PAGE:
Monopoly In WWII – How It Was Used Help Prisoners of War Escape!

Monopoly, a well-known board game was invented in the early 1900s. By the time of World War Two it had become a firm favorite. However it was to play a much larger role in the Allied war effort.

As London was in the middle of the Blitz and the Nazi concentration camps were in full operation, a British MI6 agent got in touch with Waddington’s―the maker of Monopoly―to see if the games maker could help the intelligence service smuggle documents and goods to prisoners of war held in occupied Europe.

Prisoners of war were allowed to receive a certain amount of letters and supplies, including games so that they had something to do while imprisoned. There was also a huge smuggling operation at play as well, however. The intelligence services were eager to get vital information to the Allied prisoners, such as maps and information for potential escape attempts.

The game of Monopoly’s board could be altered during manufacture to create a cavity underneath the top cover. Tests had been conducted by the intelligence service to do this themselves, but it was a tricky thing to get right.

The Monopoly boards had to have the top layer steamed off, then the documents or maps would be placed inside and the top layer had to be stuck back down. It was difficult to ensure the documents were not visible and the board’s top layer was smooth and looked untouched.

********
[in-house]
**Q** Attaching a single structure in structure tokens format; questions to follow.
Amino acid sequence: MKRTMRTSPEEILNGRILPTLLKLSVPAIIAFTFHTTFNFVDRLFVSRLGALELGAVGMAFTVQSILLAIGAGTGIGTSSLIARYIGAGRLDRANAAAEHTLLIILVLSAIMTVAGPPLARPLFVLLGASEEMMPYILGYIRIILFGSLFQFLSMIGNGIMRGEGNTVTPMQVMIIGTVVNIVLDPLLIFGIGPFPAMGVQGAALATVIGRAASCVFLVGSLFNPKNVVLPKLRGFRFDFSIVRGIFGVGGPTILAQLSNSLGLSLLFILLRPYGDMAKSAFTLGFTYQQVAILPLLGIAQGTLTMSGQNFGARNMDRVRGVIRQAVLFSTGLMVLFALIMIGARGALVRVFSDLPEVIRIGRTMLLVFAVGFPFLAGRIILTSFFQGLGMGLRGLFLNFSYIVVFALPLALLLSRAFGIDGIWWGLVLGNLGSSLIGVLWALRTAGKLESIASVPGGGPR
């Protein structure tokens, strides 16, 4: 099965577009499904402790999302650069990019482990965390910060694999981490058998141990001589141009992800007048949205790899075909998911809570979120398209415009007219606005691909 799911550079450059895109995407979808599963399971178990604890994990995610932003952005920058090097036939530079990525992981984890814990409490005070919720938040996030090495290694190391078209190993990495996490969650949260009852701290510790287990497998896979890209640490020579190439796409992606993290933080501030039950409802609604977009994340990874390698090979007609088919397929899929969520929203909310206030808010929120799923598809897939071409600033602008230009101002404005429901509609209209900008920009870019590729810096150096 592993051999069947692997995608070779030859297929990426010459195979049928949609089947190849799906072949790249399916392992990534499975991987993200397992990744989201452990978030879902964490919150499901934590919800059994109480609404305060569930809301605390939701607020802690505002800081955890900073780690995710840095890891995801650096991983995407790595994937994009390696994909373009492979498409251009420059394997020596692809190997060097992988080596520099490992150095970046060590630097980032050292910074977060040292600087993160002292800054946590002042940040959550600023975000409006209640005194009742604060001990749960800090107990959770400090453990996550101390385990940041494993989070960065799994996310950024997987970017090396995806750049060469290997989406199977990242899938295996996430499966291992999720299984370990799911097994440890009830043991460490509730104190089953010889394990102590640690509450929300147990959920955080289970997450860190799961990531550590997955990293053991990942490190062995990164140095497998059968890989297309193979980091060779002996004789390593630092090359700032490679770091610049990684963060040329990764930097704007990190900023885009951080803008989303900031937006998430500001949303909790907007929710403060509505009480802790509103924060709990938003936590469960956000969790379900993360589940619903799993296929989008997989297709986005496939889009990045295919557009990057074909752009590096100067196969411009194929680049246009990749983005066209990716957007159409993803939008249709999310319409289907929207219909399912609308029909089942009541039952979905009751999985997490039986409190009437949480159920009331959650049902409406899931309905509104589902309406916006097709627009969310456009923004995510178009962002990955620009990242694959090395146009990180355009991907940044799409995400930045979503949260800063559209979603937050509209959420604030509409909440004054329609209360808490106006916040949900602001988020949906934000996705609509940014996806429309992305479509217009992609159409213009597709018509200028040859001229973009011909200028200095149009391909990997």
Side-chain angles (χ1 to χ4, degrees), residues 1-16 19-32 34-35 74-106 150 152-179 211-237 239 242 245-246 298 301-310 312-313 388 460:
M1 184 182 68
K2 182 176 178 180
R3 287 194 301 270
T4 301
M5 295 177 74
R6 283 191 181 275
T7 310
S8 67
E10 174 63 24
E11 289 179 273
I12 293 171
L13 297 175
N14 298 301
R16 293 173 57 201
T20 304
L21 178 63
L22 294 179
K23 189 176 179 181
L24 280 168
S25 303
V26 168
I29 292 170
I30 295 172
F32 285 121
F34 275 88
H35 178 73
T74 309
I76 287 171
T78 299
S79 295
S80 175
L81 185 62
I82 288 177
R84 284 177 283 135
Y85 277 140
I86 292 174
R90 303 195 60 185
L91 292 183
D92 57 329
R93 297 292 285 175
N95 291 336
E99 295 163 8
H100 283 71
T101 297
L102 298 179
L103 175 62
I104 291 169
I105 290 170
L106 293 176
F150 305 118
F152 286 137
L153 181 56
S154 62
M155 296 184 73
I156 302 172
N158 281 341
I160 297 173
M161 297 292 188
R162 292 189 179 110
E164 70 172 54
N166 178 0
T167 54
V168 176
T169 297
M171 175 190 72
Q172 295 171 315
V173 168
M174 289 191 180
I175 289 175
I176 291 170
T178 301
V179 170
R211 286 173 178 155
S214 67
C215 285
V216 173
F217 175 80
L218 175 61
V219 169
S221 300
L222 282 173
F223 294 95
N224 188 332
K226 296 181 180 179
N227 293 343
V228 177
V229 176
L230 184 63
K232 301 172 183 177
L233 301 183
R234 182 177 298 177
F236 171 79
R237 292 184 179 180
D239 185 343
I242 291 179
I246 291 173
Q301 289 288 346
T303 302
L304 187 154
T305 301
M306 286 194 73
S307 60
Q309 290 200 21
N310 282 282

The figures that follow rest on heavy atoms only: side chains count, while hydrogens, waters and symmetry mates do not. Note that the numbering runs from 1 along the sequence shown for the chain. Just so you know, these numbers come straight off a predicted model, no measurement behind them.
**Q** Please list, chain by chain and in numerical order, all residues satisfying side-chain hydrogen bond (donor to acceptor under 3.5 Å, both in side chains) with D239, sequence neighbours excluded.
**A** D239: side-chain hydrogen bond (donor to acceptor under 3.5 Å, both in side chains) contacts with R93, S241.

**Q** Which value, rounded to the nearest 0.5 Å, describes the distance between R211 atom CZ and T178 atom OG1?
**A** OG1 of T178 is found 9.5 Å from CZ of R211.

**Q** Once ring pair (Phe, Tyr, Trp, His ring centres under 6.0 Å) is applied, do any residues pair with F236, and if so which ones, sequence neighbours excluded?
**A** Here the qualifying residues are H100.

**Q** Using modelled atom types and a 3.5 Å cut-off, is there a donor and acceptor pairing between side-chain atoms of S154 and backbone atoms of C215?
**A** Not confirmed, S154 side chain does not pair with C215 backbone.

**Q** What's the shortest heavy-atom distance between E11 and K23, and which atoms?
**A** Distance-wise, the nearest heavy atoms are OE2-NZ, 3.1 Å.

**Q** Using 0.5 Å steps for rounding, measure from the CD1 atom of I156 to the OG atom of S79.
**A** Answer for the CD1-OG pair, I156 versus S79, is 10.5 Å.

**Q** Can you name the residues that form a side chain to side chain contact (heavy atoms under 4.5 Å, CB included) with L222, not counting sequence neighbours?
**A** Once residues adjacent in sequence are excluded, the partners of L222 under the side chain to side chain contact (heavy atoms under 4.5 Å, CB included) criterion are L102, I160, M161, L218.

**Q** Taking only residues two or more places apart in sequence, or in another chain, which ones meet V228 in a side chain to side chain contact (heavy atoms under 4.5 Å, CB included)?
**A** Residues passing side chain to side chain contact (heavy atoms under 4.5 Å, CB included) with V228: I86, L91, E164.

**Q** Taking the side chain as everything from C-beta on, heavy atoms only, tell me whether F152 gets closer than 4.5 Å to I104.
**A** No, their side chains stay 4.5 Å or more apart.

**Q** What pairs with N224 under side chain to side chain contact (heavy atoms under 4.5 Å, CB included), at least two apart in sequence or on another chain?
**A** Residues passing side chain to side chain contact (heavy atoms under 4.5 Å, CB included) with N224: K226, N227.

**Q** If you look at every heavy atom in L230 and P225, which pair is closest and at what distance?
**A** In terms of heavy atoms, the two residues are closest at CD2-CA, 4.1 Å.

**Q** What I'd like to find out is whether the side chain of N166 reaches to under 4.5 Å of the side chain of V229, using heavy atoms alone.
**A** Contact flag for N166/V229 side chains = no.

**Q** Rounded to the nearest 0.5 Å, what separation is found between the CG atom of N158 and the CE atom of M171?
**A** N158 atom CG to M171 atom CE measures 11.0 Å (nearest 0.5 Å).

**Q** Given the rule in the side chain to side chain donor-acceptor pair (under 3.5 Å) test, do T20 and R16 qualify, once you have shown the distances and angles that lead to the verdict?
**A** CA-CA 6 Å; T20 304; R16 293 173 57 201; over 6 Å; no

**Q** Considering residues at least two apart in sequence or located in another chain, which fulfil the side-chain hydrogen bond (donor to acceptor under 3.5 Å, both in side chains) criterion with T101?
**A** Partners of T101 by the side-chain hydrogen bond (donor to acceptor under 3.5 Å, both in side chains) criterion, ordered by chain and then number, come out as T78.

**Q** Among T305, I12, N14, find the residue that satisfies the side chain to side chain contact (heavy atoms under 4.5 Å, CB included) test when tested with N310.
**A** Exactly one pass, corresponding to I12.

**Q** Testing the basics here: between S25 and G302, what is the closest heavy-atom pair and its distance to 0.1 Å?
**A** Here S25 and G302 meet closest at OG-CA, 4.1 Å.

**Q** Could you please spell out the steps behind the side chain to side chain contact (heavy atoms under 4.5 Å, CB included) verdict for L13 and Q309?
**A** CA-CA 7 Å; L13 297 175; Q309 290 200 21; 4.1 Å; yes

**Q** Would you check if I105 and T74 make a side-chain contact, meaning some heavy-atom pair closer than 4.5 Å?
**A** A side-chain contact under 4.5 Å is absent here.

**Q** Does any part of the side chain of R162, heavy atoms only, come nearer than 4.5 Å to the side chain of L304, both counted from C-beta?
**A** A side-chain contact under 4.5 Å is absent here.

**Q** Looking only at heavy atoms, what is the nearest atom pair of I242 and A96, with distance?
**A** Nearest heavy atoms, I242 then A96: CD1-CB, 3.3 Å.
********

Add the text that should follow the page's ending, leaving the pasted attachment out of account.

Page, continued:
Getting Waddington’s, the game maker, to take part in this top secret mission and insert the documents inside during the production process was the answer to the intelligence service’s dilemma. Waddington’s was asked to create boards with maps of European countries, such as Norway, Sweden, Germany, France and Italy.

MI6 believed charities working on the ground in occupied Europe were the best bet to get the modified Monopoly games to the prisoners. Relief agencies like the Red Cross had the opportunity to smuggle in goods to the prisoners of war, but they were reluctant to get involved as it could jeopardize their efforts and role in the war. So MI6 came up with numerous made-up charities that would be able to send and distribute a larger amount of supplies. They were even given addresses of Blitz-bombed buildings in London, the Deadspin reports.

The Nazis figured out that the Allies must have been smuggling in maps and documents to its prisoners, and they responded by making it publicly known that the British were fighting a non-military war and violating the Geneva and Hague Conventions.

The Nazis decided to prevent any escape attempts by creating zones of death, and if any escaped prisoners were caught in these zones they could be immediately killed.

Ian Harvey

Ian Harvey is one of the authors writing for WAR HISTORY ONLINE